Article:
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Report on the 2011 Mars Society Annual Convention

by Richard Obousy

After a stint as project leader for the Project Icarus starship design study, Richard Obousy now serves as Module Lead Primary Propulsion for the effort. Dr. Obousy’s doctoral work at Baylor University focused on the possibility that dark energy could be an artifact of Casimir energy in extra dimensions. For Icarus, he has pivoted to the study of fusion propulsion systems for this ongoing reworking of the original Project Daedalus concept. He’s also fascinated with the possibilities of getting off our planet more easily and establishing a human presence on Mars, all ideas he was able to explore at the Mars Society’s latest meeting, from which this report.

As a native of Texas, living only a couple of hours drive from Dallas, I was thrilled to discover that that was where the Mars Society planned to hold its 14th International Mars Society Convention. This was a perfect opportunity for me to meet space enthusiasts, to present to this community some of the ideas coming out of Project Icarus, and to learn from a successful non-profit foundation how to engage with its members, while delivering something valuable to the field of Mars research.

For those not familiar with the Mars Society, it is a non-profit charity founded in 1998 by Mars exploration luminary Bob Zubrin. The society is devoted to the cause of exploring and, ultimately settling, the red planet. The society has over 4,000 members and is active in over 50 countries worldwide. A large number of volunteers engage in public outreach programs in an effort to foster support for Mars research and exploration, and a notable feature of the society is its commitment to ongoing technical projects – the most exciting of which are arguably the research stations that the society has set up in hostile environments. The purpose of these research stations is to simulate the conditions and environment that early Mars explorers might face. Currently there are research stations in both an arctic environment and a desert environment, representing evidence for what can be accomplished by a devoted collection of volunteers.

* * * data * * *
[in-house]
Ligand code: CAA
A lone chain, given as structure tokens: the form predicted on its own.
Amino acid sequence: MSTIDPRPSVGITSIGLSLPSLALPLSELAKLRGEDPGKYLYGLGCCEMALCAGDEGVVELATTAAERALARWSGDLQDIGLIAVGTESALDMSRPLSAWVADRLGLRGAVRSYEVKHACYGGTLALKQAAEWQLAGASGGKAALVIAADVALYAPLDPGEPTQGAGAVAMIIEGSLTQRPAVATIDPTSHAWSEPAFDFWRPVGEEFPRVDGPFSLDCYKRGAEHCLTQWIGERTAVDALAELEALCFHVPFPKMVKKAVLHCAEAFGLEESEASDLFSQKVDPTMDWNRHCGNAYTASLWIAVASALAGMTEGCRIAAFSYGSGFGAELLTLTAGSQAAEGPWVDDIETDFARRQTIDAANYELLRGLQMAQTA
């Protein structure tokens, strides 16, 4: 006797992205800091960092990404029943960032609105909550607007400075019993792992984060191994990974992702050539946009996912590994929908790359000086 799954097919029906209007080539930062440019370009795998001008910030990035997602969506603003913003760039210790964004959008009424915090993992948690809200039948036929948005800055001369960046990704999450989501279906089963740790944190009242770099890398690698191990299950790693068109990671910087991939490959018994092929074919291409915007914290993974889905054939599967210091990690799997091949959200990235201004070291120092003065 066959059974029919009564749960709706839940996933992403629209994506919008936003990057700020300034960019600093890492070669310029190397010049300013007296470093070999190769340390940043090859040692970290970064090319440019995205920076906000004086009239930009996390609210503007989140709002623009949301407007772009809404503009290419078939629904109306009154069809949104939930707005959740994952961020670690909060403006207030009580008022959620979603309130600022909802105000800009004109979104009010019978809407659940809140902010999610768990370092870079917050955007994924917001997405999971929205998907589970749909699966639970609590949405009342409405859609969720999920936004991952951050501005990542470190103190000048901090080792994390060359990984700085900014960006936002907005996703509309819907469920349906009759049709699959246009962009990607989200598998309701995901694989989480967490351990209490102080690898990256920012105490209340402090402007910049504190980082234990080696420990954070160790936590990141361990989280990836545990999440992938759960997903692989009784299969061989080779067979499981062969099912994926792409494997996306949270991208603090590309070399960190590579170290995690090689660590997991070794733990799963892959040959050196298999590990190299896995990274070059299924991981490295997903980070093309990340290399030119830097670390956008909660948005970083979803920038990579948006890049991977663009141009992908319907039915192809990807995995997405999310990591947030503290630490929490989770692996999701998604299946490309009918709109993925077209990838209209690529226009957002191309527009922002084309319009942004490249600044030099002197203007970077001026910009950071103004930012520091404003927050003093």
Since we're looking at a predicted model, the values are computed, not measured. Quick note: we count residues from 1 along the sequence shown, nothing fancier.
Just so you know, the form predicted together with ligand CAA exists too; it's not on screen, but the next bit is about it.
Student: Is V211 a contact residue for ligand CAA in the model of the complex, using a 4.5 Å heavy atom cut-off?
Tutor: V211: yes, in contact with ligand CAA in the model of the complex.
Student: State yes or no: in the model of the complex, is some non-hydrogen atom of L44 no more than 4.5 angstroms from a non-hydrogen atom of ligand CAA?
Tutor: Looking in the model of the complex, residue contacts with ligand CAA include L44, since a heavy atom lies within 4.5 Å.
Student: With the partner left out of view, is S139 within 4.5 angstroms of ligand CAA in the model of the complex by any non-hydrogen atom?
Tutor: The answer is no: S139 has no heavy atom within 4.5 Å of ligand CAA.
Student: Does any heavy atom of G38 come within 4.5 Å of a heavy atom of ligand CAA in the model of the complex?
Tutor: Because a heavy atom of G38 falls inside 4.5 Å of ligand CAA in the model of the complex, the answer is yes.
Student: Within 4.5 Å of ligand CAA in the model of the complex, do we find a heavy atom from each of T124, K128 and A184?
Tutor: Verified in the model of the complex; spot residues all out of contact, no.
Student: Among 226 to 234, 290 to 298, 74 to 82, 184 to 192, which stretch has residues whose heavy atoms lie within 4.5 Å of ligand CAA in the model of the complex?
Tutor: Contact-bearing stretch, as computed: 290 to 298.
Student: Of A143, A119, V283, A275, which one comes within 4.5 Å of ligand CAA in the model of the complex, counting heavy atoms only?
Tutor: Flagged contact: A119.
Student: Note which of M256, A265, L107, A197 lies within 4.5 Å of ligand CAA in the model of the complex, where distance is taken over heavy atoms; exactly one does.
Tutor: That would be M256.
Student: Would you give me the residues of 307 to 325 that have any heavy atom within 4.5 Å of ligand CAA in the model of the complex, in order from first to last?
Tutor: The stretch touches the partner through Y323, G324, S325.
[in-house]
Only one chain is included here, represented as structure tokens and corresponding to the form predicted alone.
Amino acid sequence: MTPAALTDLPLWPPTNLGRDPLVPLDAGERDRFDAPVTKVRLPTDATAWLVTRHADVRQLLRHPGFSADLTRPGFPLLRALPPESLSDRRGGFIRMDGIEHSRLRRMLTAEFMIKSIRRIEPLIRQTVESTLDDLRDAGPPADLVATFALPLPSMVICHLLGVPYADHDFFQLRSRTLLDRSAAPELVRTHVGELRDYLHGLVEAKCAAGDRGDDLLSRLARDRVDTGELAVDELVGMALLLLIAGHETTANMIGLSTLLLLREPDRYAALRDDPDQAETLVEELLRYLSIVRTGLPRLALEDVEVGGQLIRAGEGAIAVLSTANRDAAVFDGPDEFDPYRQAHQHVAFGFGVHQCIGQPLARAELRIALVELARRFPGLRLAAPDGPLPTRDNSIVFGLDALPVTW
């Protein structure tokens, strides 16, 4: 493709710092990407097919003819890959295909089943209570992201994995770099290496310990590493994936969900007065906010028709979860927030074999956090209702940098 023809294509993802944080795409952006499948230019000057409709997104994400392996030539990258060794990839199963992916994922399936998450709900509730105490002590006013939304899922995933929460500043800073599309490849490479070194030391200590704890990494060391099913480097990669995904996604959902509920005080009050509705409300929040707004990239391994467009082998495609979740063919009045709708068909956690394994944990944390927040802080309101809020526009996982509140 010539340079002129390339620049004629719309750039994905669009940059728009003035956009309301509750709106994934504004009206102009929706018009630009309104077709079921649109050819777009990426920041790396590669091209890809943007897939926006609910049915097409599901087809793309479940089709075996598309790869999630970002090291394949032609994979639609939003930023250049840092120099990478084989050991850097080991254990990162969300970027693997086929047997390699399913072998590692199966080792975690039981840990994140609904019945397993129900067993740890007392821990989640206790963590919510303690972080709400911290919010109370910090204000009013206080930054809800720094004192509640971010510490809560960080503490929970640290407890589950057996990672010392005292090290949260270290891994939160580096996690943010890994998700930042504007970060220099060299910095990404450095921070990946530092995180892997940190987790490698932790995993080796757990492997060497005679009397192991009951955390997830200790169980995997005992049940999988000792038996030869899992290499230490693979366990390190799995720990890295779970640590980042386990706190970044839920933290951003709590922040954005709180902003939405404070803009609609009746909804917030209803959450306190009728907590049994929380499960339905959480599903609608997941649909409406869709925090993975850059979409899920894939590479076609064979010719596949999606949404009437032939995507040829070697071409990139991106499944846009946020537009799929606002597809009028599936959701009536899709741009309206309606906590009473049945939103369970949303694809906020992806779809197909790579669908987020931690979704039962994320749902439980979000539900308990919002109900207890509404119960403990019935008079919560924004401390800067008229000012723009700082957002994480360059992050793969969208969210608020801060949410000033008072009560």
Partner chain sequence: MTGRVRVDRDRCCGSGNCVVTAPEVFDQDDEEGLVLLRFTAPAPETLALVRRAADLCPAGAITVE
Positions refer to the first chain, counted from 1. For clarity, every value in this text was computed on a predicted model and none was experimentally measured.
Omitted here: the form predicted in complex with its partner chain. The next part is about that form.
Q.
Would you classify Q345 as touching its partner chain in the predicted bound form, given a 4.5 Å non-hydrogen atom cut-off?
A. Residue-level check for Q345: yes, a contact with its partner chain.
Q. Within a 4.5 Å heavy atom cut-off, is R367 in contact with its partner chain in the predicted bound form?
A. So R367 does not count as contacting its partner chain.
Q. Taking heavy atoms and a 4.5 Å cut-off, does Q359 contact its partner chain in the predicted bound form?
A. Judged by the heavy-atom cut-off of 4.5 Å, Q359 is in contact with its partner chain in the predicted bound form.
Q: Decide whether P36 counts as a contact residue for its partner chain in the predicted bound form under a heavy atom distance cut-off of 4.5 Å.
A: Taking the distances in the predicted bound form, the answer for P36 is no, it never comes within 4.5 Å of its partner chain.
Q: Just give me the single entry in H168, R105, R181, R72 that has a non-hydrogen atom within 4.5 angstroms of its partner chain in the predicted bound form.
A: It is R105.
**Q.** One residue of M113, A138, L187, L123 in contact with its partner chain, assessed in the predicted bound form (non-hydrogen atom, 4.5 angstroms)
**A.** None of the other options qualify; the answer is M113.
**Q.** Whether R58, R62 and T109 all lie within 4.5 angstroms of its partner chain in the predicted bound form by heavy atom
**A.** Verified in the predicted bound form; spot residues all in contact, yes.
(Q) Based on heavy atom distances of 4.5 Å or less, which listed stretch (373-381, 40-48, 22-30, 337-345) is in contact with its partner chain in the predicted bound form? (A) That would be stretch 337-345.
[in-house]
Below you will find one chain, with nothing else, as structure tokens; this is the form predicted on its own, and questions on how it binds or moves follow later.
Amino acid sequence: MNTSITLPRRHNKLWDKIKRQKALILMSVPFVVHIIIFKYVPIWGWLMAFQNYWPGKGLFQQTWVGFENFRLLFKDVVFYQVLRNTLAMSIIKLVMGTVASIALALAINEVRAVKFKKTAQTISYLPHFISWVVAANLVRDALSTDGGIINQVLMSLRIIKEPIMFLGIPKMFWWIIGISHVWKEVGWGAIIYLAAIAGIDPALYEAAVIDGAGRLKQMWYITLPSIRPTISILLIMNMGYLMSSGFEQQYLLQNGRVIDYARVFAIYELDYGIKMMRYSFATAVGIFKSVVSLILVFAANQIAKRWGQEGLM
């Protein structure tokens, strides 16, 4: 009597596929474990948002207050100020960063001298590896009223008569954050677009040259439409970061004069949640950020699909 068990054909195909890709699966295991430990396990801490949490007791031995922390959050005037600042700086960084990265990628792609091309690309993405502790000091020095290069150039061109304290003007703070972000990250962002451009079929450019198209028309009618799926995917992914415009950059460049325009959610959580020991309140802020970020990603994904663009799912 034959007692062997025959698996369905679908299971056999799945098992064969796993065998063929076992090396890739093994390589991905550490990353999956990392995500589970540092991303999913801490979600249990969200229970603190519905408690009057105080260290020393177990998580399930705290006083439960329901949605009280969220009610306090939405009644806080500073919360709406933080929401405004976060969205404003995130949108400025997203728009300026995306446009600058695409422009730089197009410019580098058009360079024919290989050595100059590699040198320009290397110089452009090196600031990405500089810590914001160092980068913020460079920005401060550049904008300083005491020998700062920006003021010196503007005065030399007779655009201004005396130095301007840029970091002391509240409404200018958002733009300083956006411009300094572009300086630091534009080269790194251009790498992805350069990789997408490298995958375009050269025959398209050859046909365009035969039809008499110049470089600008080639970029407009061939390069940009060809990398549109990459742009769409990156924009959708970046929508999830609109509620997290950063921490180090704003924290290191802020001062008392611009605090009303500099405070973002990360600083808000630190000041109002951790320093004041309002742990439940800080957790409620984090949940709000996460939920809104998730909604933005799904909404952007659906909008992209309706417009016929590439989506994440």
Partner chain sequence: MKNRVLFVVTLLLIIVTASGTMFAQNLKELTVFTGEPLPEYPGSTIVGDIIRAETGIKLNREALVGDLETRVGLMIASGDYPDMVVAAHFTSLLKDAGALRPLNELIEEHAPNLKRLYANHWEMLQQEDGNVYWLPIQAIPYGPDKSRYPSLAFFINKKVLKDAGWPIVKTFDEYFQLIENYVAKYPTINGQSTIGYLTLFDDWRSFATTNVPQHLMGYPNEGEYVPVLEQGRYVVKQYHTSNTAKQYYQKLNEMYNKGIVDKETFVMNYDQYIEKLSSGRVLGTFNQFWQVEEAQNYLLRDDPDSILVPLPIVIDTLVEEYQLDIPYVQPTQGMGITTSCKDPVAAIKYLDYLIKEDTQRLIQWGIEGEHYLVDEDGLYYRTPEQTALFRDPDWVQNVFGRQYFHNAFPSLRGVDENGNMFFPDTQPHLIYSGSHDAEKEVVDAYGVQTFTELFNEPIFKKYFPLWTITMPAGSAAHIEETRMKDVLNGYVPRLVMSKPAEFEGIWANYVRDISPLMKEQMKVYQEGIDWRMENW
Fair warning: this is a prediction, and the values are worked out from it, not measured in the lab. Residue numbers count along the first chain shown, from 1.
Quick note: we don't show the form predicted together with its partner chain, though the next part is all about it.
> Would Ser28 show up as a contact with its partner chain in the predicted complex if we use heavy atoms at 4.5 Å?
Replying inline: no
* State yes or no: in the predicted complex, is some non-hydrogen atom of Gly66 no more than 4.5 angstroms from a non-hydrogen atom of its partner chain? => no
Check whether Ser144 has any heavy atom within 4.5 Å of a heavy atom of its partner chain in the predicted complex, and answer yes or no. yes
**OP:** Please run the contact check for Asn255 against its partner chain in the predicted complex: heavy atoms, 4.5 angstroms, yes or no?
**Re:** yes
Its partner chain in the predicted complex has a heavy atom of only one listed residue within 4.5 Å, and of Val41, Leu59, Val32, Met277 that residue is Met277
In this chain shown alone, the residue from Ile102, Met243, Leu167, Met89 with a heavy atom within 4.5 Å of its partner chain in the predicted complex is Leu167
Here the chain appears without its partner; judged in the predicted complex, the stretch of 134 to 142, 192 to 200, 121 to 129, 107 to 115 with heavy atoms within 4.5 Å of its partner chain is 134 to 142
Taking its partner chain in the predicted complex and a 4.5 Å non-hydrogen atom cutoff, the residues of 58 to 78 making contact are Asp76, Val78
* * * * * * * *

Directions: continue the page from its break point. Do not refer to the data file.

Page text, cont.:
The conference itself spanned four days, as numerous presentations relating to Mars exploration were delivered by a selection of scientists, engineers, and private hobbyists. An entire afternoon session was devoted to the topic of nuclear rockets and several of the original engineers involved in the NERVA (Nuclear Engine for Rocket Vehicle Exploration) program presented. NERVA was a fascinating facet of the US space research program, leading to nuclear rocket engines actually being certified as flight worthy in the late 60s, after extensive testing. The untimely cancellation of NERVA was largely a result of the Nixon administration’s lack of interest in the manned exploration of Mars, which it saw as both costly and strategically irrelevant, with the space race already ‘won’ after the successful Apollo moon landings.

One talk that still resonates with me was given by Dr. John Hunter, an ex-theoretical physicist turned space engineer. Hunter is the director of Quicklaunch, a company planning to use a light gas gun to launch payloads into space. The basic idea behind the gas gun is to use a large piston which imparts force to a gaseous working fluid through a smaller diameter barrel which contains the projectile to be accelerated. The gun that Hunter is working on gives the projectile, a single stage rocket engine plus payload, an initial speed of 6 km/s which launches it to approximately 100 km altitude.

Image: Quicklaunch’s larger QL-1000 systems will be built after the smaller QL-100 versions have proven high reliability. Each QL-1000 is a $500M system delivering up to 5 launches/day. After servicing one customer they can switch azimuth and launch angle to accommodate a different customer. At T=0 the vehicle leaves the muzzle and the four sabot petals are stripped away. Meanwhile the muffler closes behind the vehicle, capturing 99% of the hydrogen to be recycled. Credit: Quicklaunch.